Tin prices hit a new all-time high on Wednesday, confirming the new uptrend in industrial metals this fall as the bull market resumes. On Thursday, tin hit another high reaching $26,790 a ton, up 60% since January. Copper and other metals have also joined the bandwagon as they rally sharply over the past several weeks.
The big move in base metals signifies that consumption remains strong amid declining inventories in London. It also suggests the global economic recovery, which entered a soft patch earlier this summer on growth fears in the United States and China, has resumed its upward trajectory.
Tin is widely used as solder in electronics.
Tin is now approaching a supply-deficit situation as production fails to keep up with demand; according to the International Tin Research Institute, global production will rise only 1.5% this year compared to an increase of 15% in worldwide demand. That shortfall means only one thing – higher prices.
But falling global supply isn’t the only variable supporting the price of tin. Super low global interest rates and a resumption of the U.S. dollar bear market are also juicing the market as traders ride the commodities bull to hedge against further dollar depreciation. On the LME, or London Metals Exchange, base metals are quoted in dollars. Other base metals like copper and aluminum are trading at two-year highs.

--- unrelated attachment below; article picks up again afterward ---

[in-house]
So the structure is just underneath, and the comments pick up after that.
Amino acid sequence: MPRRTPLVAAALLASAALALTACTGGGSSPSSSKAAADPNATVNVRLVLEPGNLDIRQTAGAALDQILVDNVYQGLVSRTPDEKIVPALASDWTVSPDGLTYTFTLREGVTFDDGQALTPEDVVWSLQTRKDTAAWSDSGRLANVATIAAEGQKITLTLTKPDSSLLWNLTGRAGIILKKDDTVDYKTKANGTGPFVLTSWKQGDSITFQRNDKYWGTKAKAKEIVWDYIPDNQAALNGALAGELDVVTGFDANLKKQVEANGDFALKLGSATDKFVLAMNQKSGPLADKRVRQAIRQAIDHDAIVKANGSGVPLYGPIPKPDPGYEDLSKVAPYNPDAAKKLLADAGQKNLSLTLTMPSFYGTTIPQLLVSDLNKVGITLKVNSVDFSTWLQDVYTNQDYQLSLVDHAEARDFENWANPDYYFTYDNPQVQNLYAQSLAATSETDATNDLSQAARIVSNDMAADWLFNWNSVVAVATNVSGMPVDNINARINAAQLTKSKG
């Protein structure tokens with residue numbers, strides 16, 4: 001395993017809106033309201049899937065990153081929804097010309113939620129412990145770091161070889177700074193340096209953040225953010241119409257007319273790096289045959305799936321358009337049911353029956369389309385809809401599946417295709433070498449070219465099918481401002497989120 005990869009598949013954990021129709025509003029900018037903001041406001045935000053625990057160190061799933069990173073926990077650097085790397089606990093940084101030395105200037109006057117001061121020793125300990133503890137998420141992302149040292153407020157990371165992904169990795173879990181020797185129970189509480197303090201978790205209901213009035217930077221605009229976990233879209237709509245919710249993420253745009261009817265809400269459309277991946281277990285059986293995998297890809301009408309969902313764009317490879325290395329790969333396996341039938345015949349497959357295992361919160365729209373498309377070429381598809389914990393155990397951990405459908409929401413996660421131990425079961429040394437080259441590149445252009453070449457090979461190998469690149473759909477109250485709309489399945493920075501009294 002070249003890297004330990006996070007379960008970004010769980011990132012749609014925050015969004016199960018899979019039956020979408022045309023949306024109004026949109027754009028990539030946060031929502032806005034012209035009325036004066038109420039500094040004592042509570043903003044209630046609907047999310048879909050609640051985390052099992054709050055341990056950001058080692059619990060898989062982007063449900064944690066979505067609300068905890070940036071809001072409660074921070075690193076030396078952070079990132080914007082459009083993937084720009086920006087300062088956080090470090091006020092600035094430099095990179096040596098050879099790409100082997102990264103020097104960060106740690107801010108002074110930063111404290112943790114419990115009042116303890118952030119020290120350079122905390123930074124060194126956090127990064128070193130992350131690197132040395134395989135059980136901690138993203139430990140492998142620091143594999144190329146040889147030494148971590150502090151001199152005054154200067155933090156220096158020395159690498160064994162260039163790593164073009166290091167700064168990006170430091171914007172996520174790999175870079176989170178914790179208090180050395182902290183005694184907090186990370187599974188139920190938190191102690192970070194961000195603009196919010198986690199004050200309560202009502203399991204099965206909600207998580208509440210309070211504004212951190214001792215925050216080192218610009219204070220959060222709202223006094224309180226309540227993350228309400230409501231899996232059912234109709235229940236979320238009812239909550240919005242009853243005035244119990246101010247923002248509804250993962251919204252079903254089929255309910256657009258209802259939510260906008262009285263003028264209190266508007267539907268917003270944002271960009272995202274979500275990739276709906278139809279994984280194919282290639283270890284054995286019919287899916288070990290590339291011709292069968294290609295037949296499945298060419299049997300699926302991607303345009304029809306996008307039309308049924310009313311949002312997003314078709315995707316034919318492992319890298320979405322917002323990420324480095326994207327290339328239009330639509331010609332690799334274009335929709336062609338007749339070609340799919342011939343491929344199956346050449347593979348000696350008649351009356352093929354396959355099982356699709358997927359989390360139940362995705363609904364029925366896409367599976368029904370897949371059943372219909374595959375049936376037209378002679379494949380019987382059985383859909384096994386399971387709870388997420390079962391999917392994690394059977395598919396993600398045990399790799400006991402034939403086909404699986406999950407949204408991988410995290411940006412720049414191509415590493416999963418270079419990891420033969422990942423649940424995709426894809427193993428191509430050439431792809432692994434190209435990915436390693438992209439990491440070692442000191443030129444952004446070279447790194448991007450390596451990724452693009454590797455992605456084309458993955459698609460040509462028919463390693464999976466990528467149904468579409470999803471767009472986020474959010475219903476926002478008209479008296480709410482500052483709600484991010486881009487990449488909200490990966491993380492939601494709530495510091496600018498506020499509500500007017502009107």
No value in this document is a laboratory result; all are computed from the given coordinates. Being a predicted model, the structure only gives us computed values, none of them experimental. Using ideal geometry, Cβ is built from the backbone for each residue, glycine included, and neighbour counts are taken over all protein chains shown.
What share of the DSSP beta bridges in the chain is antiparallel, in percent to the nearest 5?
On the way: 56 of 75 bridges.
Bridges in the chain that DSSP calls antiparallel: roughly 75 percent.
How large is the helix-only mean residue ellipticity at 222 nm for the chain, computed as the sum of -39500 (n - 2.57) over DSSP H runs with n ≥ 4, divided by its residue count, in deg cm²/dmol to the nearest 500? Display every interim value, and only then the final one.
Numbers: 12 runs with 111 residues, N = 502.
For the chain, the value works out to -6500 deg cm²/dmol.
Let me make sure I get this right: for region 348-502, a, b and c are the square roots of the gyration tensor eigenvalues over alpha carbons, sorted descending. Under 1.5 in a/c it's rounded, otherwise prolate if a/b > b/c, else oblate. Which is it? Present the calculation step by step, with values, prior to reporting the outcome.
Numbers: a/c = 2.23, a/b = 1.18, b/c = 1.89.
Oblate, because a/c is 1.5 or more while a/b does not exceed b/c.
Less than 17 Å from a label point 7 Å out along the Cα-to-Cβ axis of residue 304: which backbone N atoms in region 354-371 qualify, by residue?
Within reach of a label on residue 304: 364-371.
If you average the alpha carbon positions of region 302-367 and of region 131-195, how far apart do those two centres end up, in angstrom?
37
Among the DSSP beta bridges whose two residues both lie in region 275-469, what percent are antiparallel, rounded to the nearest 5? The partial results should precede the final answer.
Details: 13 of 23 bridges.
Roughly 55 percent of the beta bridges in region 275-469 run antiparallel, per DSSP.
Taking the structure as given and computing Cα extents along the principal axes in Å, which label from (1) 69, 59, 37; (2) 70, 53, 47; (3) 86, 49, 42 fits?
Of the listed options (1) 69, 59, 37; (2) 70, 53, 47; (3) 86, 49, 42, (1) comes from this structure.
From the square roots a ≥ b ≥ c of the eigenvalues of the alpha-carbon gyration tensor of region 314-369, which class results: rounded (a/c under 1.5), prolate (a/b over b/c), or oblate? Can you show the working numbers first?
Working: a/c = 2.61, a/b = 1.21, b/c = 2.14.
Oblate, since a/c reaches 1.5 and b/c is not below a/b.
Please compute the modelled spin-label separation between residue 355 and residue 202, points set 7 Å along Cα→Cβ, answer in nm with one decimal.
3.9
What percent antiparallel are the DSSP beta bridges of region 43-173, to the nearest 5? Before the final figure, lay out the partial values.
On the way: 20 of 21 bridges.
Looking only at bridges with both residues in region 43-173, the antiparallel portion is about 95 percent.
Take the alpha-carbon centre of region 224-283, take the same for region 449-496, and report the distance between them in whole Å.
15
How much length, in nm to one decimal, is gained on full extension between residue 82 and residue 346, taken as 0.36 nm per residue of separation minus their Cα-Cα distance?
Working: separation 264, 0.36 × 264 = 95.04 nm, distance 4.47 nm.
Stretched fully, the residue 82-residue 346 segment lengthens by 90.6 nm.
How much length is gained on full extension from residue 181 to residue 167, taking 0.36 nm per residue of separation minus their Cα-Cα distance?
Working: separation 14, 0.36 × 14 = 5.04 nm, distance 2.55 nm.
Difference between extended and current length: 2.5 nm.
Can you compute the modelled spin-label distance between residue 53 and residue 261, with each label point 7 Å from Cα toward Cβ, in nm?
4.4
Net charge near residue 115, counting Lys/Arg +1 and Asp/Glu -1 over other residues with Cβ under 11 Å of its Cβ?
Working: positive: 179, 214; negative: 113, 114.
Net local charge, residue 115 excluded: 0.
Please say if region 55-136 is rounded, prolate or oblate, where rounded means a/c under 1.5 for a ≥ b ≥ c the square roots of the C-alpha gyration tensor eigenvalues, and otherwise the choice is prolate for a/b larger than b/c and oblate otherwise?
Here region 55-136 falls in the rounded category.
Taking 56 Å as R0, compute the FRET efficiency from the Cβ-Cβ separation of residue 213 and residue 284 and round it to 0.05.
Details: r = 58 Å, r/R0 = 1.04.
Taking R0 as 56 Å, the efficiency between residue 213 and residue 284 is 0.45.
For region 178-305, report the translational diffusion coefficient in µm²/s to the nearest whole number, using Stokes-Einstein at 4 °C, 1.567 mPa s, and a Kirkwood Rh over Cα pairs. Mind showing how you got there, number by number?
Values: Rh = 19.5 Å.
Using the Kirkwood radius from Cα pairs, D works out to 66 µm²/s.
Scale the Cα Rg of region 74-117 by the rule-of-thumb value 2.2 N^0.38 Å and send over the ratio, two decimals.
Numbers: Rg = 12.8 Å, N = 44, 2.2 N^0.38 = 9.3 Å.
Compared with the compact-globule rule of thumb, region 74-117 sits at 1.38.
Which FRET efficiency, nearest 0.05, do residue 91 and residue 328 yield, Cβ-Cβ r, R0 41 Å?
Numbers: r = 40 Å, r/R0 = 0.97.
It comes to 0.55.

Meanwhile, as industrial metals continue to surge this fall, bond prices are also rallying. That positive correlation has some pundits questioning whether both sectors can continue to rally in unison, despite potentially offering investors different economic outcomes; benchmark U.S. Treasury yields hit another low yesterday as demand for the notes remain strong at both the local and international levels.
Plunging bond yields do imply some sort of economic softness is being priced in by the markets. The U.S. employment report should shed some light on whether the bond bulls are indeed correct or, alternatively, if the renewed uptrend in base metals warrants a continuation of the rally.
Bonds and base metals shouldn’t be rallying at the same time. This unusual correlation is a dangerous partnership and, in all probability, will end badly at some point as economic growth powers ahead or, possibly, falters as we approach the end of the year.
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